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The Men
Open Your Heart Julian Marszalek , March 13th, 2012 08:02

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It's difficult to escape the feeling that those misguided souls bemoaning the supposed death of rock & roll are the very same people who get excited by any old schmindie bollocks troubling the charts or Shed Seven getting back together one more time. Indeed, if they actually stopped waiting to be spoon fed The Next Big Thing then they'd be busy working themselves into a lather over this latest set of aural detonations from the collective hand grenade that is The Men.

Picking up where the excellent Leave Home left off at the arse end of last year, Open Your Heart is a crystallised distillation of 40 years of rock that fuses the genre's noisier elements – The Stooges, Black Flag and Husker Du all spring to mind – with its more cerebral exponents such as Spacemen 3 and Sonic Youth. But this is no mere tribute or homage to days gone by; The Men stamp enough of their own personality and perspective over the ten nuggets contained herein to breathe new life into this old beast.

A number of significant factors are at play here. Having finally settled on a stable line-up – Rick Samis now takes up the tubthumping duties previously shared by the band – the interplay between guitarists Mark Perro and Nick Chiericozzi becomes more apparent and the result is a fuller and wider sound. What's also in evidence is a greater mastery of melody. Opener 'Turn It Around' channels Stiff Little Fingers' 'Suspect Device' through a 21st century filter and enough hooks to mark The Men as something remarkable. Their blending of accessible tunes and unrestrained sonic power sees them sharing the modus operandi of antecedents of Husker Du but it's The Men's forays into wider territories that sets them apart from the pack.

The double-whammy instrumentals of 'Country Song' and the epic 'Oscillation' find the band moving deftly from a Morricone-influenced haze into the kind of wig-out that Sonic Youth would do if they took themselves less seriously and learned to smile a bit more. The effect is both startling and hugely satisfying but the surprises don't end there. Pulling out an acoustic guitar for the country-tinged 'Candy', The Men could either be taking the piss or playing it straight.

Ultimately such analysis does no one any favours when the music found in these grooves amounts to nothing less than a party in a jewel case. When it's played with such joy, such gusto and such disregard for what's supposedly cool or not, resistance simply isn't an option. Coupled with a palpable musical progression that takes huge strides from its predecessor, Open Your Heart is the most thrilling and exciting album of the year thus far and one that demands your immediate attention. So what are you still doing here?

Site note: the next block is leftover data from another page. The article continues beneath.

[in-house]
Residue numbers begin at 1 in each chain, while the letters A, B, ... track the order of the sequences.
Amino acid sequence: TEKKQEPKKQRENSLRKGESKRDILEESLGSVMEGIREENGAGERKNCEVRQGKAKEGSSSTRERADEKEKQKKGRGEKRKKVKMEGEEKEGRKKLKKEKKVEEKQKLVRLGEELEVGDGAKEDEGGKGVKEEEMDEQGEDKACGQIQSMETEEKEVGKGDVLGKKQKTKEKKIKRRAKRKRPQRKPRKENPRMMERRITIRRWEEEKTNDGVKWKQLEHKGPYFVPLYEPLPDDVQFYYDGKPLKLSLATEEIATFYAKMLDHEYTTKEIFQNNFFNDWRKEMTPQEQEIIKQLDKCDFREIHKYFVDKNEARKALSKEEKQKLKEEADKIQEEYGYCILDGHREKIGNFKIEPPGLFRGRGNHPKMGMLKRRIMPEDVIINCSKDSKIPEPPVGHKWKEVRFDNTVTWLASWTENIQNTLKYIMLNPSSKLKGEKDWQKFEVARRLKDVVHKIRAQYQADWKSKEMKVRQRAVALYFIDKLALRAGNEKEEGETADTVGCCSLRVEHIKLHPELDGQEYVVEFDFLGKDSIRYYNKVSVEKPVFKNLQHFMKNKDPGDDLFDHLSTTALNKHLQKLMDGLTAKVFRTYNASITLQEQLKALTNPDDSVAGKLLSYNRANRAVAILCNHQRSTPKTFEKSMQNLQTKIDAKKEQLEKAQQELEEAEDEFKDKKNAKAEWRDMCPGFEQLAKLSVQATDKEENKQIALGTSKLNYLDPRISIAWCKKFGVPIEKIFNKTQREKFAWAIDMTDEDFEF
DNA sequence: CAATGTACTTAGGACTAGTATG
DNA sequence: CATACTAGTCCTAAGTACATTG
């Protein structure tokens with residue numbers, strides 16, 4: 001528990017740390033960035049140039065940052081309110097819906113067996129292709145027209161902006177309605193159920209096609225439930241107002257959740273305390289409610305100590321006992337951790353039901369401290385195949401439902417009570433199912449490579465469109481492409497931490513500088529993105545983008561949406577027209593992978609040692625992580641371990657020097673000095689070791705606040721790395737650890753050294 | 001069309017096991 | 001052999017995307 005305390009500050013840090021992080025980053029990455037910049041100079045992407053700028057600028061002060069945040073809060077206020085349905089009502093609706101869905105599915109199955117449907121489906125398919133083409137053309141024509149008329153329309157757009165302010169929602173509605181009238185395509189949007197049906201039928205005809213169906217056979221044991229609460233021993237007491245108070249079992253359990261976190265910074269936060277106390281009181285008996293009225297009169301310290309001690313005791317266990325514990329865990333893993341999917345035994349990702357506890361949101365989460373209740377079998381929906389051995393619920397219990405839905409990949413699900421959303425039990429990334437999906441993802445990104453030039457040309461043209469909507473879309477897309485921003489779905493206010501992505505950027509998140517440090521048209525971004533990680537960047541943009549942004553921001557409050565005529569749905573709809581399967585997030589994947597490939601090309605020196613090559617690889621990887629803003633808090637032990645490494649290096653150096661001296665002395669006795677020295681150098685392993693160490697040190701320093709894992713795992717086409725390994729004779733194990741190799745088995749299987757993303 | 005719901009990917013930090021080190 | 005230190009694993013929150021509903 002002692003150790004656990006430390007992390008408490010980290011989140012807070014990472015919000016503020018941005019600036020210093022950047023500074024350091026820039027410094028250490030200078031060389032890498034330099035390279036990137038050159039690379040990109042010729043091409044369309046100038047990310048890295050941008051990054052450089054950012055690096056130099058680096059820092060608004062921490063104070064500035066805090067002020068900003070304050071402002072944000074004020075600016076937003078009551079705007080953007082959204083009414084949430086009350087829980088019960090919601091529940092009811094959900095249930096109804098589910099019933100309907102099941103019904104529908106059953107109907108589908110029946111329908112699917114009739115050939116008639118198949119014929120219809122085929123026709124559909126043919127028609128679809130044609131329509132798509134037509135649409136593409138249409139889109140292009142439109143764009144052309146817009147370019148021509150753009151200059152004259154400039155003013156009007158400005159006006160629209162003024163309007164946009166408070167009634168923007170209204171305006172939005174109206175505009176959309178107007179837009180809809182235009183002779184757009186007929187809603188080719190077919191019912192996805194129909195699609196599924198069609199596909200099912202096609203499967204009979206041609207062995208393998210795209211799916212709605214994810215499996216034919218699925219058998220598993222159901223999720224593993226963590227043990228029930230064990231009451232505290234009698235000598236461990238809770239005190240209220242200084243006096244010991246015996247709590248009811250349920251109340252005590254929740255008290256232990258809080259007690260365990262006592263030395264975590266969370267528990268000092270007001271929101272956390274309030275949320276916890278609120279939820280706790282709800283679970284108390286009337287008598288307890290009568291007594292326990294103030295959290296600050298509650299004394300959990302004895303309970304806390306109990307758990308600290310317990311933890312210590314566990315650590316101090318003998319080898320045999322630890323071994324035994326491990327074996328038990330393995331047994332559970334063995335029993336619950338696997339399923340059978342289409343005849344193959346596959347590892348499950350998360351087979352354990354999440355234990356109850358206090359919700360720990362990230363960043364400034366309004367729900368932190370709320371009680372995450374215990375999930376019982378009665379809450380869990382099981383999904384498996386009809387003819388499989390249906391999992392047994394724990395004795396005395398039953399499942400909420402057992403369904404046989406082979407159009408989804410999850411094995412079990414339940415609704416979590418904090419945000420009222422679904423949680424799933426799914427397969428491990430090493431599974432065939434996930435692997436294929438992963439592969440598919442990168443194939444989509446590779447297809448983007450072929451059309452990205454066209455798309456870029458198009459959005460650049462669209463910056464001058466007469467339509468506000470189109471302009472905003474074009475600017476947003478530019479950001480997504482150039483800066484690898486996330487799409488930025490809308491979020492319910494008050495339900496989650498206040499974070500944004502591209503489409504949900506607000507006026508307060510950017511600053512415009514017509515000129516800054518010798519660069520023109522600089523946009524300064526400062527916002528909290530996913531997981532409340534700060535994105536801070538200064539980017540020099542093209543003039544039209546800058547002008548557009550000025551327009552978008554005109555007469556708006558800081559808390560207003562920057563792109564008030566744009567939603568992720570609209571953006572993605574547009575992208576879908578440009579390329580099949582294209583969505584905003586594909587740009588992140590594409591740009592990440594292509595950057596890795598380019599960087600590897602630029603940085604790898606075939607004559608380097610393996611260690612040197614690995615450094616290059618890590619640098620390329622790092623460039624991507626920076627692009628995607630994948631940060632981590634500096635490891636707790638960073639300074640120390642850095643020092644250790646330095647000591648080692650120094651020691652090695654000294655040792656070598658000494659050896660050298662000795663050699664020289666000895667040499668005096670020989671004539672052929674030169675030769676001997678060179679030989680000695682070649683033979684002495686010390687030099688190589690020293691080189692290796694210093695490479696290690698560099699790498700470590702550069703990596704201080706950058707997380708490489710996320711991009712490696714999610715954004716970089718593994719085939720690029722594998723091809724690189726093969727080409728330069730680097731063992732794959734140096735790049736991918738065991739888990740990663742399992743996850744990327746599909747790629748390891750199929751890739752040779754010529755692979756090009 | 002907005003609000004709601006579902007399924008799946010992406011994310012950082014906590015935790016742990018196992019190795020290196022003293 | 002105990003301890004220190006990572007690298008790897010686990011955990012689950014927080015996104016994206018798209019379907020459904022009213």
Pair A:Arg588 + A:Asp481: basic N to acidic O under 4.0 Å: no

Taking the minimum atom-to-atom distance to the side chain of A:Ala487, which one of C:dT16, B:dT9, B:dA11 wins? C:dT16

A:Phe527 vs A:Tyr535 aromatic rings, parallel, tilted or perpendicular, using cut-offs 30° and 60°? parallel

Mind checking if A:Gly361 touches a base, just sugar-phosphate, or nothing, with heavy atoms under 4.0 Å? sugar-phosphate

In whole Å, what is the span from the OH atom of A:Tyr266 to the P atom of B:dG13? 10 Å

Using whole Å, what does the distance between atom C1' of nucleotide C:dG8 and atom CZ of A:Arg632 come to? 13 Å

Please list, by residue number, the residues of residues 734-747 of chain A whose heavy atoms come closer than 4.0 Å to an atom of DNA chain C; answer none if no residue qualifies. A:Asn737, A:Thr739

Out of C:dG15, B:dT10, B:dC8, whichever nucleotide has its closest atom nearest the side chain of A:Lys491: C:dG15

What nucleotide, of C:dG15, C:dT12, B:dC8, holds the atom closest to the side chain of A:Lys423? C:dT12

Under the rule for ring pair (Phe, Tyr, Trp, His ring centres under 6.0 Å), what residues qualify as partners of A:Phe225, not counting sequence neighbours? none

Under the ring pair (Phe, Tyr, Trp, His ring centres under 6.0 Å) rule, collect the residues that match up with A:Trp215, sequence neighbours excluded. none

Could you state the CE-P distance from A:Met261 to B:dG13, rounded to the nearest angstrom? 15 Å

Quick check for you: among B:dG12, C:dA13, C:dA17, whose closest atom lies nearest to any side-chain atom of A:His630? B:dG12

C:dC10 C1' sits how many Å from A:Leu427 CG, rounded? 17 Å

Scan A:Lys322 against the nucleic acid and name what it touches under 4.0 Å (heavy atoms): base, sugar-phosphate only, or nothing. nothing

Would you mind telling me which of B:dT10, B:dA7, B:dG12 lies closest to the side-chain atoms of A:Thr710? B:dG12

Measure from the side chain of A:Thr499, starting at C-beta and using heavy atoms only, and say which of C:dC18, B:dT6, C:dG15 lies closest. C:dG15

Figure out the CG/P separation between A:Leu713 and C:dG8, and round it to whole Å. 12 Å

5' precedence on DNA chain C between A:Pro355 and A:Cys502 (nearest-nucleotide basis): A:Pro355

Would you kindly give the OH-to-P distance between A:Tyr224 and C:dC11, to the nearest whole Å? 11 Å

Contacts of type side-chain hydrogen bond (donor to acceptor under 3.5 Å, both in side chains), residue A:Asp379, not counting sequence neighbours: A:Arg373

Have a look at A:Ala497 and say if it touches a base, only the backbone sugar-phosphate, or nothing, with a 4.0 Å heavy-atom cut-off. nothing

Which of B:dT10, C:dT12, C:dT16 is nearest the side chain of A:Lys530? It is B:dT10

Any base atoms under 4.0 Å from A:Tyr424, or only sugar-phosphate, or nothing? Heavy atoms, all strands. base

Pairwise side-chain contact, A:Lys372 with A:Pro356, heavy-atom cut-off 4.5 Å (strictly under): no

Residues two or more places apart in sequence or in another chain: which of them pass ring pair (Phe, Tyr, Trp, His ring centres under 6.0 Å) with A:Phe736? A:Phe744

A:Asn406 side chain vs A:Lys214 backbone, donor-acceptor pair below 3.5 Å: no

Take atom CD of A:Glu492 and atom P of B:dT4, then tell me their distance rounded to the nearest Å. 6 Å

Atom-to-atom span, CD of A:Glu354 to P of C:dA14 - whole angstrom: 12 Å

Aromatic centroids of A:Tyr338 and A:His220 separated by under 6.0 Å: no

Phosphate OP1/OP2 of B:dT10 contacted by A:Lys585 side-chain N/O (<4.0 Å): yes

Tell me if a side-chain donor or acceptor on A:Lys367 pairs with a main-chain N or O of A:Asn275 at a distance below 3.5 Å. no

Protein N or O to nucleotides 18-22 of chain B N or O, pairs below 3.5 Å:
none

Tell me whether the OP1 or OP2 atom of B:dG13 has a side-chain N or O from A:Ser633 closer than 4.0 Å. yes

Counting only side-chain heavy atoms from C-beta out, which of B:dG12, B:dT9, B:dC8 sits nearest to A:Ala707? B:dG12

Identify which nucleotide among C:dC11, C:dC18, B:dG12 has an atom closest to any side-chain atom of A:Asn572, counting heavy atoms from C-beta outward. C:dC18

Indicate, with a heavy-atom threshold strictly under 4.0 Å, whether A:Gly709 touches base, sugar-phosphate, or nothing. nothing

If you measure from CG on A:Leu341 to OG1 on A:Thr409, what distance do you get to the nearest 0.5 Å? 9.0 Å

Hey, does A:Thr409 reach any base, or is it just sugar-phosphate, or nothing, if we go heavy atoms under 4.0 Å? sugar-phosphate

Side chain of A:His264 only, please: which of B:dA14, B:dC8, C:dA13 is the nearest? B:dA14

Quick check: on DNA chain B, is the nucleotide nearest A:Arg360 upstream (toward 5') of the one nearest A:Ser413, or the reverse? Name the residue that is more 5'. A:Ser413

Video Buddha
Mar 13, 2012 11:09pm

Loved "Leave Home" and will probably buy this, in the absence of much else good in this kinda ballpark (don't mention Milk Music, Male Bonding or similar not so goods) , but the two songs I've heard "Open Your Heart" and "Ex Dreams" aren't doing it for me, indeed the former reminded me rather unfortunately of Senseless things, Mega City four or a speeded up Midway still, you know those kind of late 80s, early 90s Brit bands aping Sonic Youth, Dinosaur Jr, Husker Du but without the panache or vision or most critically the dynamics. Hoping I'm wrong, but theses sound kind of like Yuck all over again - in that ticks all the boxes, but is rather less than the sum of its parts.

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Fielding Melish
Mar 14, 2012 3:36am

This has been my favorite record of the last couple of years, at least. It's full of life, wit and power that is so bereft in so much modern music; it's almost impossible to imagine that they are a 'Brooklyn band', as that borough has become the bellweather of ineffectual drollery and mediocre pastiche.

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Cecil
Mar 14, 2012 3:43pm

I seem to be the only one disappointed by Open Your Heart. Leave Home was fantastic, my favourite album of 2011. It sounded like a band collectively overcome by something they couldn't possibly explain. This one sounds like individual ideas executed by a competent rock band.

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terry
Mar 16, 2012 7:46pm

"Ultimately such analysis does no one any favours when the music found in these grooves amounts to nothing less than a party in a jewel case."

Wait, you have a vinyl record that goes in a jewel box!?

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